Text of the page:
Safeco Field is a fitting place to pay tribute to Carter, Wainwright and the previous Hutch Award honorees: The end seats of every aisle in the stadium bear a relief portrait of Fred Hutchinson, standout pitcher for the Seattle Rainiers and Detroit Tigers and the namesake of both the award and the Seattle-based cancer center.
In addition to his pitching chops, “Hutch” was a skilled manager who would take the helm of three Major League Baseball clubs, including the Cardinals, the team that Wainwright would join almost 50 years later.
Just two years after Hutchinson piloted his Cincinnati Reds to the World Series in 1961, he found lumps in his upper torso and neck. It was lung cancer. Hutch’s dedication to his sport helped keep him in the dugout for as long as possible during his cancer treatment. Despite the best efforts of the manager’s brother — physician and cancer researcher Dr. Bill Hutchinson of Seattle — Fred Hutchinson died in 1964 at age 45.
The year after his death, a group of sportswriters established the Hutch Award to honor the Major League Baseball player who most embodies Fred Hutchinson’s fighting spirit and competitive desire on and off the field. MLB teams nominate a player for the award every year, and the honoree is chosen by a vote of past winners.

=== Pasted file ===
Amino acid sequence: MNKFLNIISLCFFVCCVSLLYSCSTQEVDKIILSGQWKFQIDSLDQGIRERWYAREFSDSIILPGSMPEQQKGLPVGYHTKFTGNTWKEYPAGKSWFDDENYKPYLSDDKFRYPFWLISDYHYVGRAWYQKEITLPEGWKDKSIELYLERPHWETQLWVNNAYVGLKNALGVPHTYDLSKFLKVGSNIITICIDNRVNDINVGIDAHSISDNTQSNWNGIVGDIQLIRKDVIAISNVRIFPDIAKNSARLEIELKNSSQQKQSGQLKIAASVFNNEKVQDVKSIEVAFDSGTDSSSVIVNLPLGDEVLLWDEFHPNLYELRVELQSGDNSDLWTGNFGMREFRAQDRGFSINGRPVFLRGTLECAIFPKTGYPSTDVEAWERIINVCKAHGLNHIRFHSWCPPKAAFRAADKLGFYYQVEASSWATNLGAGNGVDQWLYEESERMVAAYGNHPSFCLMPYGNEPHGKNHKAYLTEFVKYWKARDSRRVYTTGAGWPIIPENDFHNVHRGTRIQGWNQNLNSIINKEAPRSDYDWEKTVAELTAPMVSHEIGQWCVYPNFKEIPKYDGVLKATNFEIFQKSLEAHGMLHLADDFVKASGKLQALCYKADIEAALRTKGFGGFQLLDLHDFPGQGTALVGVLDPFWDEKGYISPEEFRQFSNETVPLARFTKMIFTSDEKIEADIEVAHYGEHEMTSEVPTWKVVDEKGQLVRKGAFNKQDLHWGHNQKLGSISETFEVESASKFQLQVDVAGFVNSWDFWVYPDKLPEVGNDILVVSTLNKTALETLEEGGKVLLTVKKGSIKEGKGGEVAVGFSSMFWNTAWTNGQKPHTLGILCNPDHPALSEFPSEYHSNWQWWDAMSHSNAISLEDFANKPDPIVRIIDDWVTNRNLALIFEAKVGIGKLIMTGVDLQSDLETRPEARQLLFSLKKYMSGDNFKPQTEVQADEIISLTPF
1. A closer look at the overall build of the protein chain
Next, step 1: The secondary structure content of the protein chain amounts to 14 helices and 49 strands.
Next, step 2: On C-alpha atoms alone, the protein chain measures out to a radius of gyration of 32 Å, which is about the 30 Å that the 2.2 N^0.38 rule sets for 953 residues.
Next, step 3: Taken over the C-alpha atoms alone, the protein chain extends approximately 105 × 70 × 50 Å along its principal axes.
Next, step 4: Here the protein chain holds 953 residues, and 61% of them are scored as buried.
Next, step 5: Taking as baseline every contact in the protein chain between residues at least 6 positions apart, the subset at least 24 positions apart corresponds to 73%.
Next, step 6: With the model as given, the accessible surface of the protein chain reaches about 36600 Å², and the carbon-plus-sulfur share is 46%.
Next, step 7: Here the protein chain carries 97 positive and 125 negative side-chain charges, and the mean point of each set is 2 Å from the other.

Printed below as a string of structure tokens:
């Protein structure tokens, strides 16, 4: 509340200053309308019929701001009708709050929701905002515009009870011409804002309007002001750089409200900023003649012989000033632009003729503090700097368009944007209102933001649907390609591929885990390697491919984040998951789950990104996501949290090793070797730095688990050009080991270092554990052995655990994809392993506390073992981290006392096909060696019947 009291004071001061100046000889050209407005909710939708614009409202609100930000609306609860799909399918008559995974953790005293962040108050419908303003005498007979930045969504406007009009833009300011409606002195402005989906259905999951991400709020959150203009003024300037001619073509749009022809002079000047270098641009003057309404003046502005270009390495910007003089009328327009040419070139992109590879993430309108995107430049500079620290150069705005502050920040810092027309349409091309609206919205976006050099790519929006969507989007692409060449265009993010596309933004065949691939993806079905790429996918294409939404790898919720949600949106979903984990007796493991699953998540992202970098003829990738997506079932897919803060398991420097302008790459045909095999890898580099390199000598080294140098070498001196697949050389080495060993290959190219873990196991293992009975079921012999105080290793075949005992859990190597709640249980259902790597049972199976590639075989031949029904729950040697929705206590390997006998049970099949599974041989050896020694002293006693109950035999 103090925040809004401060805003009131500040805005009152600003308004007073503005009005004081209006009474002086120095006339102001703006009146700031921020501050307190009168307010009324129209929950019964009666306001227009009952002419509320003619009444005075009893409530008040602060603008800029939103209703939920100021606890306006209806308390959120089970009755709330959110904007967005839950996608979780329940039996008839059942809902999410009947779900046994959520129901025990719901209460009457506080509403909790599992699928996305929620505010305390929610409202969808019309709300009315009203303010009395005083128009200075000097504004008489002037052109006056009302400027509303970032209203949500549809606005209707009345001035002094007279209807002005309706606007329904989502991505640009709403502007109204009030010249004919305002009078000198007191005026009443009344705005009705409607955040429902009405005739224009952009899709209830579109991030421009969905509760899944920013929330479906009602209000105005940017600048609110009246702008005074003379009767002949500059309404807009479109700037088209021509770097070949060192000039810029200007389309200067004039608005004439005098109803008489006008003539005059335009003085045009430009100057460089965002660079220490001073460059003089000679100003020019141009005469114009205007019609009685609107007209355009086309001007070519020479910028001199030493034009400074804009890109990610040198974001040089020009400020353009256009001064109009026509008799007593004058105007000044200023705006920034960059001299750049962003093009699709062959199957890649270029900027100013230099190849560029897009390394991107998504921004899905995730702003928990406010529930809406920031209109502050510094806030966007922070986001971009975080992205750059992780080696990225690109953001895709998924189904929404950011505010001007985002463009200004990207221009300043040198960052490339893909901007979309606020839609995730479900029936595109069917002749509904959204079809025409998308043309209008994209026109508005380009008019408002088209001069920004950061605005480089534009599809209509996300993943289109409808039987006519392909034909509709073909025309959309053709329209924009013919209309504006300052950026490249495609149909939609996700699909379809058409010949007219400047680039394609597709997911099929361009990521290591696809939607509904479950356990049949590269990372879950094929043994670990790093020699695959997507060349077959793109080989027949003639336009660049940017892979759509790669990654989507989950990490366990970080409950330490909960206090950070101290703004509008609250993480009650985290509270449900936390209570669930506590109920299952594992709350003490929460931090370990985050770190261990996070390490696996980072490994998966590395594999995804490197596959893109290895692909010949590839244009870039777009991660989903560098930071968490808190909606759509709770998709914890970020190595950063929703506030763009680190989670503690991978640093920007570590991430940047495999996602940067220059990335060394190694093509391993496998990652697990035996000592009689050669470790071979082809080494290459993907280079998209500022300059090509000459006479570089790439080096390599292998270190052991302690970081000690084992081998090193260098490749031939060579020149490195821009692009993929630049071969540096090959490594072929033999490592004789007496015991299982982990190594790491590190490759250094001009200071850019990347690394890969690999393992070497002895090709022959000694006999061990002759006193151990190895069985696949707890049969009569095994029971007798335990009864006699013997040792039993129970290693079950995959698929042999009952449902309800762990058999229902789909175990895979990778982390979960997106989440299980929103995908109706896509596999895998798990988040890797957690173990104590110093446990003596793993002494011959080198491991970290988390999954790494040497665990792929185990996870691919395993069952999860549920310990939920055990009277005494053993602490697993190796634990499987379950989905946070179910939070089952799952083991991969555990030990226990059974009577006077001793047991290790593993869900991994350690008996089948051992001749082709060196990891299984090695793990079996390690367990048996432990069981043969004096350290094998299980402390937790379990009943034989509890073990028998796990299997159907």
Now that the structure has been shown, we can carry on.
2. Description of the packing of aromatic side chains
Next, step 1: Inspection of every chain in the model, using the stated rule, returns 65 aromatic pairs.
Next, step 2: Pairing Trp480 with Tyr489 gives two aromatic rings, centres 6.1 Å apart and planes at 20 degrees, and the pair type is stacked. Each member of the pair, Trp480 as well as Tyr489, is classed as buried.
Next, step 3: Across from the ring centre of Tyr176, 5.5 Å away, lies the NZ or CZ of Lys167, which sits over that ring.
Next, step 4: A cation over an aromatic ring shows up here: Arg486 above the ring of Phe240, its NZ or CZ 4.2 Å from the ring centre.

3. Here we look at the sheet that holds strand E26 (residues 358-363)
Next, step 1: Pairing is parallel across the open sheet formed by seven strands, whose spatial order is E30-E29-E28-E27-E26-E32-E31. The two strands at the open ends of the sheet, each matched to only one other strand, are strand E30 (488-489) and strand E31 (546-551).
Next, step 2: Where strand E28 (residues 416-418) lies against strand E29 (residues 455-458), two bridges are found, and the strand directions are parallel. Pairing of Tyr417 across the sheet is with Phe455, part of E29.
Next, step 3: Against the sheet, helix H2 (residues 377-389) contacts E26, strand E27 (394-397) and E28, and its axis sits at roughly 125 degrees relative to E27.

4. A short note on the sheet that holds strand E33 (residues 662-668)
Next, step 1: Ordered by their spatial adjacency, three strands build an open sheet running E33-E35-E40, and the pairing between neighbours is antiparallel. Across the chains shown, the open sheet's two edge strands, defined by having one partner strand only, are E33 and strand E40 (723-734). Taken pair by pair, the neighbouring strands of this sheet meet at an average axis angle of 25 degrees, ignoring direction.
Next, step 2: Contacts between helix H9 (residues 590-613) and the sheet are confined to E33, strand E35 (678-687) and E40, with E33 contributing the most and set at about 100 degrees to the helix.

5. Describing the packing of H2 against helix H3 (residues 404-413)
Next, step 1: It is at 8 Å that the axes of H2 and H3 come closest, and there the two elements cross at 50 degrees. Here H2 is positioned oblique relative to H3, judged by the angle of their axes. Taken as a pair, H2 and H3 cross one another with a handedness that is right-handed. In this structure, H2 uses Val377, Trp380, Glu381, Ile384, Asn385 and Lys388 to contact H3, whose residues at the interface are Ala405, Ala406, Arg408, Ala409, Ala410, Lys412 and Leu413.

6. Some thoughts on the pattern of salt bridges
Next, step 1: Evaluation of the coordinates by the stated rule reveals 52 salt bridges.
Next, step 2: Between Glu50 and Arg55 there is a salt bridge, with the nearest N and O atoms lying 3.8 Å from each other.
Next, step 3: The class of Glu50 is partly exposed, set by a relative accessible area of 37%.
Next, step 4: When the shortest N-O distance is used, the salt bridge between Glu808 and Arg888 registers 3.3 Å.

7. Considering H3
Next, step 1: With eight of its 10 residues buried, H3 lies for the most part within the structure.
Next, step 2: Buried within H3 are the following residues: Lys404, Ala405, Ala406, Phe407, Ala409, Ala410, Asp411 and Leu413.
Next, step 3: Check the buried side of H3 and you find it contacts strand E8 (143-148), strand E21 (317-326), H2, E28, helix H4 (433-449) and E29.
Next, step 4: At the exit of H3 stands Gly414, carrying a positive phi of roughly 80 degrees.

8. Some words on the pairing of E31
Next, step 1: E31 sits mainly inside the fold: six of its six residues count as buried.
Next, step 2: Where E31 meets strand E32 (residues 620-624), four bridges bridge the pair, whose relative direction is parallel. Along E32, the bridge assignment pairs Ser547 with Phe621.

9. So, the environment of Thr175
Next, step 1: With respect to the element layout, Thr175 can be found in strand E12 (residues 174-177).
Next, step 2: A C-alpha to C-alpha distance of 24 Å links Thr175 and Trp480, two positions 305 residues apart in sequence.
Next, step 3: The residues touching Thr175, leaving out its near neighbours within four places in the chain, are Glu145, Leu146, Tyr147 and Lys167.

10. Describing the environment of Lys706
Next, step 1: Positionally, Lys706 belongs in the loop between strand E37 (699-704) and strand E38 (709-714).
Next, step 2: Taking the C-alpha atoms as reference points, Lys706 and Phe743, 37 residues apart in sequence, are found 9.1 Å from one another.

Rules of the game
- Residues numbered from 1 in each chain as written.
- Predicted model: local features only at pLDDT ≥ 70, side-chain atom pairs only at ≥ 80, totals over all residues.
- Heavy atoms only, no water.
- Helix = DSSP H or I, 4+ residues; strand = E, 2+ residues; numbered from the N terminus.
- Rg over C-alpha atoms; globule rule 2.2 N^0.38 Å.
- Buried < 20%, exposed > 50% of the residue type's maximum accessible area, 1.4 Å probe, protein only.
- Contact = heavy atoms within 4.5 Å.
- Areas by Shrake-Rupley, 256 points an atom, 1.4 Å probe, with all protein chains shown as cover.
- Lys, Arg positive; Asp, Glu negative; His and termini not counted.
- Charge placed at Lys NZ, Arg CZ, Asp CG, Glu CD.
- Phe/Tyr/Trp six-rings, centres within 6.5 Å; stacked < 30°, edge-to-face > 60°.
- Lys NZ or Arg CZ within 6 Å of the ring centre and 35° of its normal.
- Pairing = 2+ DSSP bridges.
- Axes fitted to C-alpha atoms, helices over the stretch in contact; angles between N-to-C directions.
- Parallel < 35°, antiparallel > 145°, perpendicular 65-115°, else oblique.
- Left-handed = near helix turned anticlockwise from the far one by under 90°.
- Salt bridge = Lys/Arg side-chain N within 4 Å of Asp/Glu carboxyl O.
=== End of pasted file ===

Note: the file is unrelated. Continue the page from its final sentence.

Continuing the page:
Wainwright was up against stiff competition for this year’s honor: nine other standout ballplayers known for their athleticism and commitment to their communities, including the Texas Rangers’ Adrian Beltre and the Pittsburgh Pirates’ Andrew McCutchen.
Several past Hutch Award honorees joined Wainwright at this year’s ceremony, including 1999 recipient Sean Casey, who played for the Reds and other teams.
“This is one of those awards where, when you’re honored to get it, you know how much it means,” Casey said.
Like the Hutch Award’s namesake, Wainwright has a strong competitive streak and a dedication to his sport that keeps him in the game. In 2011, he was sidelined by Tommy John surgery to repair an injury to his pitching arm; he came back in the 2012 season to record two shutouts. Last season, he tore an Achilles’ tendon but recovered faster than predicted and plans to play in the 2016 season.
Off the field, too, he has faced great challenges.
Moved by the 2010 earthquake in Haiti, Wainwright and his wife, Jenny, helped to build an orphanage and clean-water systems for survivors of the disaster that killed more than 160,000 people and displaced more than a million more. With his brother, Trey, Wainwright started a charity based on fantasy-football leagues, raising more than $1 million for a variety of projects, including water systems in Honduras, where 60 percent of the population lives in poverty.